The loss of a loved one is always a challenge, but certain situations can make grief more difficult to manage. Having to struggle financially in addition to coping with intense emotions after losing a loved one unexpectedly is a perfect example of this phenomenon. Someone’s premature death caused by a preventable situation, like a defective product or a drunk driving crash, can leave family members feeling emotionally bereft and financially vulnerable. Colorado law empowers those affected by someone’s untimely passing to pursue a wrongful death lawsuit in certain cases.
In order to pursue compensation successfully, there will generally need to be evidence that either negligence or misconduct on the part of a business or another person caused the death in question. There are also numerous other state rules that apply to and limit such lawsuits. The following are some of the important and unique rules in place for wrongful death lawsuits in Colorado.
Rules about who files
Colorado has a relatively complex wrongful death statute when compared with other states. Who gets to file the lawsuit depends on how long it has been since someone’s death. When the person who passes is a married adult, only their spouse will have the option of filing a wrongful death lawsuit in the first year after their passing. Other family members, including their children, could file a wrongful death lawsuit in the second year after someone’s death. There is a two-year statute of limitations that applies, so those who wait too long may lose the right to file a claim.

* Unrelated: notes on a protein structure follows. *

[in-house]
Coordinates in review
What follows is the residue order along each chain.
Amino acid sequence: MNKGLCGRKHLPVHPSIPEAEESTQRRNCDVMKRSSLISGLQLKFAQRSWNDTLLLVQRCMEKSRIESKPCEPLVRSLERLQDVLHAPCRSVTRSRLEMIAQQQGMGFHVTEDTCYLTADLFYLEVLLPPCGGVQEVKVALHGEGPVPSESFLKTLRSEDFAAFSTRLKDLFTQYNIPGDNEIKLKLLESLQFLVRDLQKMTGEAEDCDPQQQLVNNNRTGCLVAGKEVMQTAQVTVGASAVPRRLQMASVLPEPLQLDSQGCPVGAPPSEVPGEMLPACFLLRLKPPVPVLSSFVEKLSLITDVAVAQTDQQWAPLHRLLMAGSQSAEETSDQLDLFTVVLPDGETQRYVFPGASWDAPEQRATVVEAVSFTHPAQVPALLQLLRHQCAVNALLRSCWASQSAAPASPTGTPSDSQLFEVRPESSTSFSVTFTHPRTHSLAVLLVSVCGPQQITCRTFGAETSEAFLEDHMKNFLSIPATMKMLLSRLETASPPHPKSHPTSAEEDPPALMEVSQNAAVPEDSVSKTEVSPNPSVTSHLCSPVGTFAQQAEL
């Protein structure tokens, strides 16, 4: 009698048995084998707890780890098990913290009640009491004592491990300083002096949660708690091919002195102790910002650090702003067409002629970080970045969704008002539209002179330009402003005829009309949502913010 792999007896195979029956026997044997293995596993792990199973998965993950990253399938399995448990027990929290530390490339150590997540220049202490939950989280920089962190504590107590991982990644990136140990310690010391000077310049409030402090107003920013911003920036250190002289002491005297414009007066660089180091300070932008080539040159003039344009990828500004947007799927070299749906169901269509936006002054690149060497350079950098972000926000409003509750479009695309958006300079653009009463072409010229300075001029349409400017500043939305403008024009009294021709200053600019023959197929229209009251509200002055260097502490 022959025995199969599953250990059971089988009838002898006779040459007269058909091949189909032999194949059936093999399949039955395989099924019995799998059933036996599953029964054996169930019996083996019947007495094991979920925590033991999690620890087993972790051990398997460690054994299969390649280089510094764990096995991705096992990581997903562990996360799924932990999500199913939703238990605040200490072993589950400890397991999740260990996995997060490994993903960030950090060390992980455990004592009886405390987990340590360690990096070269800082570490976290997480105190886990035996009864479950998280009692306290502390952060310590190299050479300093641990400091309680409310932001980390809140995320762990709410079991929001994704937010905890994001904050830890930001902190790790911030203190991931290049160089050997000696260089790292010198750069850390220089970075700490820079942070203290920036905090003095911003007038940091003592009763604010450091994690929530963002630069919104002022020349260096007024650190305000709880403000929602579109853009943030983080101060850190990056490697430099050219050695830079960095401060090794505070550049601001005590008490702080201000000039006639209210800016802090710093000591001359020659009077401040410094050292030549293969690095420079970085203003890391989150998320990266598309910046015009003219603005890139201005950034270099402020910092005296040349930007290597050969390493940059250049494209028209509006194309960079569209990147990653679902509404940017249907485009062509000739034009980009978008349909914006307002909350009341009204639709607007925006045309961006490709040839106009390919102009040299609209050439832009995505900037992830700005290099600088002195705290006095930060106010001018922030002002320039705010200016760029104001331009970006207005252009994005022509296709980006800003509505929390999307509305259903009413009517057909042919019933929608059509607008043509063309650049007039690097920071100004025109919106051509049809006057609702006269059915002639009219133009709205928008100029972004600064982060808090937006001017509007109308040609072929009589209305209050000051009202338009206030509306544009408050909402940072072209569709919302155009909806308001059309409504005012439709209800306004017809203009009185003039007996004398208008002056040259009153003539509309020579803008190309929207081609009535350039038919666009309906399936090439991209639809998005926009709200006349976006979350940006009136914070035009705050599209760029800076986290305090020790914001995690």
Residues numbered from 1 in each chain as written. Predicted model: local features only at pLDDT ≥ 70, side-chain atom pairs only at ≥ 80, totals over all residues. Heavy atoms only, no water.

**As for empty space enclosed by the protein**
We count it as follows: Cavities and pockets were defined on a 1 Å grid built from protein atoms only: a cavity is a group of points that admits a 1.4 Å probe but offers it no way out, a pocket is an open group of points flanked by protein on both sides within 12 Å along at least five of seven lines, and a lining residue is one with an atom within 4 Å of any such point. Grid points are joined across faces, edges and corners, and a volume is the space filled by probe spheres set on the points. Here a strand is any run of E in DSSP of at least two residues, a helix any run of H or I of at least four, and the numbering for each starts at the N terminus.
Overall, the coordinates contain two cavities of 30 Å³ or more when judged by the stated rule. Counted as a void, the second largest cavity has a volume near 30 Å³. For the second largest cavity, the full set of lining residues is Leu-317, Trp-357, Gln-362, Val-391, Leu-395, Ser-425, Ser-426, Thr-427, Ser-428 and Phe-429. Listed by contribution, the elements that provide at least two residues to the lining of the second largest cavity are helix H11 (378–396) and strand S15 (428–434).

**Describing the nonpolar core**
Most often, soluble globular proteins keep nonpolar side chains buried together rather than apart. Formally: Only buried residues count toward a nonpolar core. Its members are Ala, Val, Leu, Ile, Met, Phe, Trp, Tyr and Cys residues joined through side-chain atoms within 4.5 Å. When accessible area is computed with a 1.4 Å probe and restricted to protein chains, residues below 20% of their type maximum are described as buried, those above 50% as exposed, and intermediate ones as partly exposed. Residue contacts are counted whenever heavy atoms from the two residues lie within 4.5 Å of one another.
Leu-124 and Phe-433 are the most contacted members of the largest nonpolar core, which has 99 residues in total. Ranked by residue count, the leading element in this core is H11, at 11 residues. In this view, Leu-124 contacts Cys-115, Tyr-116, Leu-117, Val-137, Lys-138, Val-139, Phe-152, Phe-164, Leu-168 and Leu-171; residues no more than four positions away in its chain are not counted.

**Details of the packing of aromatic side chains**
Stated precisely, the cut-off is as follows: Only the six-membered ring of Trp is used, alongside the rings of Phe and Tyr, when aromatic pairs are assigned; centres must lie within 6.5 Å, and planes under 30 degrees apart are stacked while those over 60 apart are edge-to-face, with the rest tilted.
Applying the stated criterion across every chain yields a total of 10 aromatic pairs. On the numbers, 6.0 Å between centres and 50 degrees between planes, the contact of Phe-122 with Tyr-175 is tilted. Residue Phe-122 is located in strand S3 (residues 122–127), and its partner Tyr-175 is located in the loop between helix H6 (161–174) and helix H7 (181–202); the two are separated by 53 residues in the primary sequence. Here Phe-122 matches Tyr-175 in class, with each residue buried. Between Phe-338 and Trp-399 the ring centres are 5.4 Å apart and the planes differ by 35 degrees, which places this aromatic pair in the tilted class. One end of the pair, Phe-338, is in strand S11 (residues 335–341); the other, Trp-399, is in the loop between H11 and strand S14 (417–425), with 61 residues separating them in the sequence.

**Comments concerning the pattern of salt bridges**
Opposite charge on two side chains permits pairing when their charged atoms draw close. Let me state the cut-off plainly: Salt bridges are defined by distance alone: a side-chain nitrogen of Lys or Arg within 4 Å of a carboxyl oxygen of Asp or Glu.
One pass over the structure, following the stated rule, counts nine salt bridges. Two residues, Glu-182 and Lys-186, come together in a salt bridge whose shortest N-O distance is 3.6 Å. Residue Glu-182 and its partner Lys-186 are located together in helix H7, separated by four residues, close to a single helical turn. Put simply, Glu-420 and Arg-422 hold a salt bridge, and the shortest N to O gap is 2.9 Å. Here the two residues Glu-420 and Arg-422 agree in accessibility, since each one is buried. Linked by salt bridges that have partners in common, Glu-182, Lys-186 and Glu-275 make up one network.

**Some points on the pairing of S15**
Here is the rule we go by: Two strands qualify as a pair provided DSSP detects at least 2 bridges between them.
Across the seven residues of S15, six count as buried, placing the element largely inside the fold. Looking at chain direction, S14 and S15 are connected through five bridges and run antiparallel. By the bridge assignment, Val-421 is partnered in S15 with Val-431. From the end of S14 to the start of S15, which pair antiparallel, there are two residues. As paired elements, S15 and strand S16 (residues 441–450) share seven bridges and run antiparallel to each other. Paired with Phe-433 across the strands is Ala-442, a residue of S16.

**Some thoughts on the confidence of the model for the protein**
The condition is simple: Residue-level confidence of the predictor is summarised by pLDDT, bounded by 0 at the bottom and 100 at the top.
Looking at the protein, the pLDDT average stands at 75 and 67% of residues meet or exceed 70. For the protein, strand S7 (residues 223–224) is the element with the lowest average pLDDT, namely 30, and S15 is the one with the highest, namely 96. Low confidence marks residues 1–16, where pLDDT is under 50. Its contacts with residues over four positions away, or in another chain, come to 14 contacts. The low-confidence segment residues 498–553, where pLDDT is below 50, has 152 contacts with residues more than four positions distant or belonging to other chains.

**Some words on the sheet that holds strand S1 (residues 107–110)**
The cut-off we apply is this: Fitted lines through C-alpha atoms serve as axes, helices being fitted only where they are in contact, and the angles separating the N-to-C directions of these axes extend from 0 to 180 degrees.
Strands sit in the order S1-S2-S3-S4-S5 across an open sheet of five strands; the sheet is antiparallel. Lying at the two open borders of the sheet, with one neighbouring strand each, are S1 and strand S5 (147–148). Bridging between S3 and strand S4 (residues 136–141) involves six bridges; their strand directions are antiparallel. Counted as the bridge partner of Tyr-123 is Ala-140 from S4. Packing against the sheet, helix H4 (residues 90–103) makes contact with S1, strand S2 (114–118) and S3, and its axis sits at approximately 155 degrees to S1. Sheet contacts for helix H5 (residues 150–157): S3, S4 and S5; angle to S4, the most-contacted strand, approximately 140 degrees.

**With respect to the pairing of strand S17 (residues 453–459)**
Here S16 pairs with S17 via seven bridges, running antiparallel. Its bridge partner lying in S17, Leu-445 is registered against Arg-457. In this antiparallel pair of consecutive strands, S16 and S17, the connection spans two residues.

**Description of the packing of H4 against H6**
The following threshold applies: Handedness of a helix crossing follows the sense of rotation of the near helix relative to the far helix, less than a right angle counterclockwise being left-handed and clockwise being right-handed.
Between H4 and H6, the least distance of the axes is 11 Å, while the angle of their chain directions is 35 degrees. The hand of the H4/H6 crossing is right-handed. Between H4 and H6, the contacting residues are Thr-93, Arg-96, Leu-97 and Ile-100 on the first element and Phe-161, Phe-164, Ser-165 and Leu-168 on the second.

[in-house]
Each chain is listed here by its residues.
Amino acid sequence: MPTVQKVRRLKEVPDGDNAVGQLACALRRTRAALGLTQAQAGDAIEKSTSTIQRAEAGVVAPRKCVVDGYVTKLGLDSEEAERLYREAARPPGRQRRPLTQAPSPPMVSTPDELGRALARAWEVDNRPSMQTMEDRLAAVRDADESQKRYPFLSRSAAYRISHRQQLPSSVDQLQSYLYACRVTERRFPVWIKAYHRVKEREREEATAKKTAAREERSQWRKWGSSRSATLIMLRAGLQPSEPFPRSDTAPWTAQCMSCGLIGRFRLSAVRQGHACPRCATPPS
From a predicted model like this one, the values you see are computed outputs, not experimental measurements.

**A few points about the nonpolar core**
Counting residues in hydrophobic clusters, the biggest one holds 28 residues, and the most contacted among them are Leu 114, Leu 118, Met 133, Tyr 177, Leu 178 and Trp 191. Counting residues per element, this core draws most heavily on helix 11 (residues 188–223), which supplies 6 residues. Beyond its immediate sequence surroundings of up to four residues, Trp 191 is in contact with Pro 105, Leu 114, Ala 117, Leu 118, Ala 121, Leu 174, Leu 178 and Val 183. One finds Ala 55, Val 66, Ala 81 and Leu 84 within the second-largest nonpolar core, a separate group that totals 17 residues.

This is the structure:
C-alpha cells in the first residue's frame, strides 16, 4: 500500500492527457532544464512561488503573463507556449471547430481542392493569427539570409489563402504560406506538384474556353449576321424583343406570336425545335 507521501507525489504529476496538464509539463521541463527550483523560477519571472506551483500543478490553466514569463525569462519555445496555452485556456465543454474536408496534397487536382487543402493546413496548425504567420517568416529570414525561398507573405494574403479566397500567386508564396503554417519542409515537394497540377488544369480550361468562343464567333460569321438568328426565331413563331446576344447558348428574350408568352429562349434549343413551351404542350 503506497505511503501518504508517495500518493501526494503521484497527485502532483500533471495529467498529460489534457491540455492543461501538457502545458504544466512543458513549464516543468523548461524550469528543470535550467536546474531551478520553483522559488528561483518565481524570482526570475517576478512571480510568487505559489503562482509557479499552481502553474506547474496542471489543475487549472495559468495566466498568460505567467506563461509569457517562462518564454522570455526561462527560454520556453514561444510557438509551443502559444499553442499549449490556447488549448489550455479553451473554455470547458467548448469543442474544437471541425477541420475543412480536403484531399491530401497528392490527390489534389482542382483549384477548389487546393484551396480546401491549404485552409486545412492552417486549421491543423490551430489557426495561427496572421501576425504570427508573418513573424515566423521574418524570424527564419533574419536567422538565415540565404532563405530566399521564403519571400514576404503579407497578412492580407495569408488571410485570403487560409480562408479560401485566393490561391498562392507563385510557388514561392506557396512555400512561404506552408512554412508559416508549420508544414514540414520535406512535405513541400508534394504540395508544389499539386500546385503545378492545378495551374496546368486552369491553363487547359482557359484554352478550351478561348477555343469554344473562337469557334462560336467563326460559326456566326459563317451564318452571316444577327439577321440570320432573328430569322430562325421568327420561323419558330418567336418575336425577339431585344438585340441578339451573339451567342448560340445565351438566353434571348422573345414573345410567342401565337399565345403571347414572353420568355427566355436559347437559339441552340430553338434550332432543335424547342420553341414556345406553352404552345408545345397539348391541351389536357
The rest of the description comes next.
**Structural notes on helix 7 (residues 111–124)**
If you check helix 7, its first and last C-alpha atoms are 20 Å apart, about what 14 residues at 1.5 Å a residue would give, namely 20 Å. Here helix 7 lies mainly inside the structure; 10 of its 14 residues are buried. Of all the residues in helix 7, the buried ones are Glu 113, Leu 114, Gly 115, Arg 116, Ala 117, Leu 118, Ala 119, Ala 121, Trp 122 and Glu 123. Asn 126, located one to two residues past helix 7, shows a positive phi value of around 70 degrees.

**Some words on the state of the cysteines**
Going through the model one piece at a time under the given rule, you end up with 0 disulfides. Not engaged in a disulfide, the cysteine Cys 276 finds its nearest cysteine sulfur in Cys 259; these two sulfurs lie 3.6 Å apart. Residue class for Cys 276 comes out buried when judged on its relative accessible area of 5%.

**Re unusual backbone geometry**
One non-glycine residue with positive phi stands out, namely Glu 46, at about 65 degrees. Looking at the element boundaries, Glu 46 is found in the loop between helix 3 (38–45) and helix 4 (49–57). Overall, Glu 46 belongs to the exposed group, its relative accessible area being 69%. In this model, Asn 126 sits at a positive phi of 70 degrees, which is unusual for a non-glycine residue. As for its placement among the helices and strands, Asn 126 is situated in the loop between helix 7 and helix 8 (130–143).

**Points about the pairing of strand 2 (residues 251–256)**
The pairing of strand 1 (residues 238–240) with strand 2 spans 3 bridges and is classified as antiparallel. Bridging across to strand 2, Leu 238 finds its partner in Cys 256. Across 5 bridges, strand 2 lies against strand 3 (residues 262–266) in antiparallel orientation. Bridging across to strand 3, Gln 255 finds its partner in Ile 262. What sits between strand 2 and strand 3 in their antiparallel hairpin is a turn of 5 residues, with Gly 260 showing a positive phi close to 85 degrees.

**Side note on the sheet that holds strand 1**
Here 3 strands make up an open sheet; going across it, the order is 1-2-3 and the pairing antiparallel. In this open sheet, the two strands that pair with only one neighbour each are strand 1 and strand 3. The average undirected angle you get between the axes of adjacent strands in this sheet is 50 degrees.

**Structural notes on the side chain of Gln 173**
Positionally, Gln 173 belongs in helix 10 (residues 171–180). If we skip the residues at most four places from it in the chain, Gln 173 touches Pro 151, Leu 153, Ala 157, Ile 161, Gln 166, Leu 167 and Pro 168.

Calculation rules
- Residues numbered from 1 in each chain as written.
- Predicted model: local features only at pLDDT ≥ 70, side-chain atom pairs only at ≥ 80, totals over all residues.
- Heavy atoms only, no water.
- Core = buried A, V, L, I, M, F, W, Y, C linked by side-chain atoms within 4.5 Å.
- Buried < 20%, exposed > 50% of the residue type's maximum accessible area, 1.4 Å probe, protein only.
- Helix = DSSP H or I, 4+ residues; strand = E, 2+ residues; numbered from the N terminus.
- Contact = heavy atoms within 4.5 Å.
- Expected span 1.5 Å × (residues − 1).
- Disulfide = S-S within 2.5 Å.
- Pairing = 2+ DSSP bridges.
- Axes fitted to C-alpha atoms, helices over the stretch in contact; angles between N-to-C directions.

Limits on compensation
Some types of damages in wrongful death claims are not subject to statutory limits. Requests for compensation for lost wages and medical expenses can lead to full compensation for provable losses. However, there are limits on other kinds of damages. Claims for pain and suffering are subject to a maximum payout limit of $250,000. The same limit applies to compensation for the loss of companionship and emotional suffering of the surviving loved ones bringing the claim.
Punitive damages are possible
There are some states that do not allow those harmed by the actions or negligence of another party to seek punitive or exemplary damages. Punitive damages do not relate directly to the losses generated by someone’s untimely passing but are instead a form of punishment for the individual or business that caused someone’s death. In Colorado, punitive damages are only an option if there is evidence of malice, fraud or wanton conduct.
Those who understand Colorado’s approach to wrongful death lawsuits may be in a better position to pursue justice when a loved one dies unexpectedly due to the actions or failings of an outside party.